It’s true that without a proper context, some biracial children may experience confusion at some point about their racial makeup.  But with loving and informed parents, they can be supported and grow to celebrate their intersection of races.  I am so grateful for my unique racial experience and I would never choose to have been born one or the other.  Our society is surely more accepting than it used to be and can only continue to become more so.  The United States Supreme Court ruled that anti-miscegenation laws were unconstitutional in 1967.  Justice of the peace Bardwell needs to check out who is in the White House and realize that many things have changed since then.

9 Comments leave one →
  1. October 16, 2009 10:42 pm

    I can’t believe a Justice of the peace Bardwell even exists in this day. Actually…I can believe it, something that makes me sad.
    I’m glad to find your blog and read more of your work.

    • mjjaaska permalink*
      October 16, 2009 11:53 pm

      Thank you so much for your comment, Nancy. I agree with you 100%.

  2. October 17, 2009 1:32 am

    I wish you wouldn’t even pretend to address this judge’s behavior as if there was logic or reason behind his behavior worthy of debate.

    It’s just pure nutty. Whether or not some bigot wants to mistreat a biracial child (and in the south we’re all multiracial, especially so in Louisiana) is the bigot’s failure not the parents. It’s absolutely ludicrous that a judge would show that level of disrespect and ignorance.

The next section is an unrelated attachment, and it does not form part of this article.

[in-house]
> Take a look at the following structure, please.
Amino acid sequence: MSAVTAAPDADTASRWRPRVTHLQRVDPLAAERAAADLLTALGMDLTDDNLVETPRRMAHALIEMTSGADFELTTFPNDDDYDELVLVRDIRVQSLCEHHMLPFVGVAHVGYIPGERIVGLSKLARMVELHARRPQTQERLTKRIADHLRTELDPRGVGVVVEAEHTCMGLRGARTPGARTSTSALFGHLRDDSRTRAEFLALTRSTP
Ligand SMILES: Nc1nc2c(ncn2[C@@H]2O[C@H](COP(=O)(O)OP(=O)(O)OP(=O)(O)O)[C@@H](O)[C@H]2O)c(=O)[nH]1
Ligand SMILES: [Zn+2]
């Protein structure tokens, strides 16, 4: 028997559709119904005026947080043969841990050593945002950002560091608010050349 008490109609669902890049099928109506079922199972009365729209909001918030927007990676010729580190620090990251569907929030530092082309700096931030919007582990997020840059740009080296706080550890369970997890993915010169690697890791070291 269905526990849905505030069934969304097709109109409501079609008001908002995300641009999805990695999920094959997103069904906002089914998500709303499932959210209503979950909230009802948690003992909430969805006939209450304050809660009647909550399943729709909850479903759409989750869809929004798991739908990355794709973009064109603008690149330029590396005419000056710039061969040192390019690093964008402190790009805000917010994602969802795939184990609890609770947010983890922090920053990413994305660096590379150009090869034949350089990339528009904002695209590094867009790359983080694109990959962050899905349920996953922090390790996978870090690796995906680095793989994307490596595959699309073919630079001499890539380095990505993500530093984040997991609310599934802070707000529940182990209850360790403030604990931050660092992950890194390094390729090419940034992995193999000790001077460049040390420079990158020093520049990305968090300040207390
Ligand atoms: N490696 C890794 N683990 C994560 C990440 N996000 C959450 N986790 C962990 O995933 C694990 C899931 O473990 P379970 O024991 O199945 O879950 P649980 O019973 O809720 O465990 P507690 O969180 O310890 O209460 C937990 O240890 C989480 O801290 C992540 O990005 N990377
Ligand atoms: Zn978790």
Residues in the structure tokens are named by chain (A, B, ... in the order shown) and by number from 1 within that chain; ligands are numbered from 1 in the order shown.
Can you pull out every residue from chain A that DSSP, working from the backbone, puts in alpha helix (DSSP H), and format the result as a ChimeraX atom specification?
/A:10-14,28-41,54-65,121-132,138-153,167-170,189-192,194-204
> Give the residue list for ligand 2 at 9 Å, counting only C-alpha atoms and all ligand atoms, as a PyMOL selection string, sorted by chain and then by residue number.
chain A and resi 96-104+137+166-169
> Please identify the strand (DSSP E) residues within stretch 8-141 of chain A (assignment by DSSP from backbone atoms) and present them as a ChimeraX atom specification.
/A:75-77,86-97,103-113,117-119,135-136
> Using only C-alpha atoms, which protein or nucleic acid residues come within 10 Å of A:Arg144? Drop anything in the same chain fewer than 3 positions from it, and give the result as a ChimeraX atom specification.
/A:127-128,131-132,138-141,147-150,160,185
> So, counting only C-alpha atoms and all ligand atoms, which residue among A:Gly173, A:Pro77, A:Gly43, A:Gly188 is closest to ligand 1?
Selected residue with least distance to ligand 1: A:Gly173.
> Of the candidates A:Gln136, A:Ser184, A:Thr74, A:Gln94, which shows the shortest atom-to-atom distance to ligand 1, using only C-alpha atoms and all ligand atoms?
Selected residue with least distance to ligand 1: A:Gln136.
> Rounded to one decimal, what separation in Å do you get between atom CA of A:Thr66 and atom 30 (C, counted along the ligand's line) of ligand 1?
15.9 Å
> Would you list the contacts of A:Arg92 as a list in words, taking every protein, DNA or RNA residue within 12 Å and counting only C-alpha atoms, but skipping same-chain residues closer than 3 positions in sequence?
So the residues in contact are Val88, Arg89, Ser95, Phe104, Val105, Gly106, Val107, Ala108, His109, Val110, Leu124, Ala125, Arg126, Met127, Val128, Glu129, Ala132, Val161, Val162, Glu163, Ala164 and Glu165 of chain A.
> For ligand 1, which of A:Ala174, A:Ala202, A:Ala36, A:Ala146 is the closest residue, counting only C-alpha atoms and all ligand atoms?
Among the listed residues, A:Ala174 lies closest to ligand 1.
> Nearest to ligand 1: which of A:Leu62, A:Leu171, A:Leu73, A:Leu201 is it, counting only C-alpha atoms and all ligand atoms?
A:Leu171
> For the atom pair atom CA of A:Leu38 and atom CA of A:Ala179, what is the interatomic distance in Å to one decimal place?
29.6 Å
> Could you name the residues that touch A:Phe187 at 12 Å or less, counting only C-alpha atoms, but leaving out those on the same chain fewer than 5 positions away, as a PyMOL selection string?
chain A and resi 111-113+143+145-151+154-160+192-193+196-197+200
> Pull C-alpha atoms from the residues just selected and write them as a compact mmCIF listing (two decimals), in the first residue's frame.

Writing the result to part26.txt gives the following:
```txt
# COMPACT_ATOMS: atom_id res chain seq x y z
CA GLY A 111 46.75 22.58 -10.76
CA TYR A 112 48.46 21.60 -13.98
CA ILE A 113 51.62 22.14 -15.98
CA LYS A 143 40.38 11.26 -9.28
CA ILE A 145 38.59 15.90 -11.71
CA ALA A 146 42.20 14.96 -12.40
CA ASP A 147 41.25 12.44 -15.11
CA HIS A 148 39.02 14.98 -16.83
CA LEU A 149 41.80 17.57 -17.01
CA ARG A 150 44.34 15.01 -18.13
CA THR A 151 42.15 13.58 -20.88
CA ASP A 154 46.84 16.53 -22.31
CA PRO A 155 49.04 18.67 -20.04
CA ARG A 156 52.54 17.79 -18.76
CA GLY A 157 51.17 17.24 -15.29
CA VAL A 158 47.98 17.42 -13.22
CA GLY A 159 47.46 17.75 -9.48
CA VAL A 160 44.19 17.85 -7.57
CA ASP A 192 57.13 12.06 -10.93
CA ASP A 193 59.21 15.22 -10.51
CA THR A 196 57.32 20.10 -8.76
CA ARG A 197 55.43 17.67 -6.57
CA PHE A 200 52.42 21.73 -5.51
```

He should be removed from office immediately for an obvious lack of mental capacity. And, there shouldn’t be any debate about it.

    • sunnydelyte21 permalink
      October 23, 2009 4:29 pm

      Pretty Much…

  3. October 17, 2009 4:11 pm

    There’s so much I want to say on this topic (maybe I’ll come back to it when I don’t have to fat finger a phone), but where does a mixed neighborhood exist in Milwaukee!? Lol.

    In the mean time I sent a donation to the Louisiana chapter of the ACLU.

    we seriously need to meet IRL on this topic alone!

    • mjjaaska permalink*
      October 20, 2009 6:46 pm

      We lived on 35th and State. Our block was primarily white but just a couple of blocks up there were moe Black families. I agree with you that Milwaukee is terribly segregated: that was one of the things that made me know I could never live there as an adult. I love that you sent in a donation to the ACLU, Elliott, and we MUST meet IRL soon!

      • October 20, 2009 7:25 pm

        No way… Grew up on 24th & Juneau (across from HS of the Arts) until ~’93-ish then 29th & Vliet until I moved up here!

        This week sucks for me, but I would be down to do happy hour sometime next week :)

  4. October 19, 2009 10:59 pm

    I love you for your cafe au lait skin, Maija! Now, would that judge allow a white person and a biracial person to marry?

    • mjjaaska permalink*
      October 20, 2009 6:43 pm

      That’s a darned good question, spawner of Babito! I tried to call him to ask but he wasn’t taking calls. Pffft.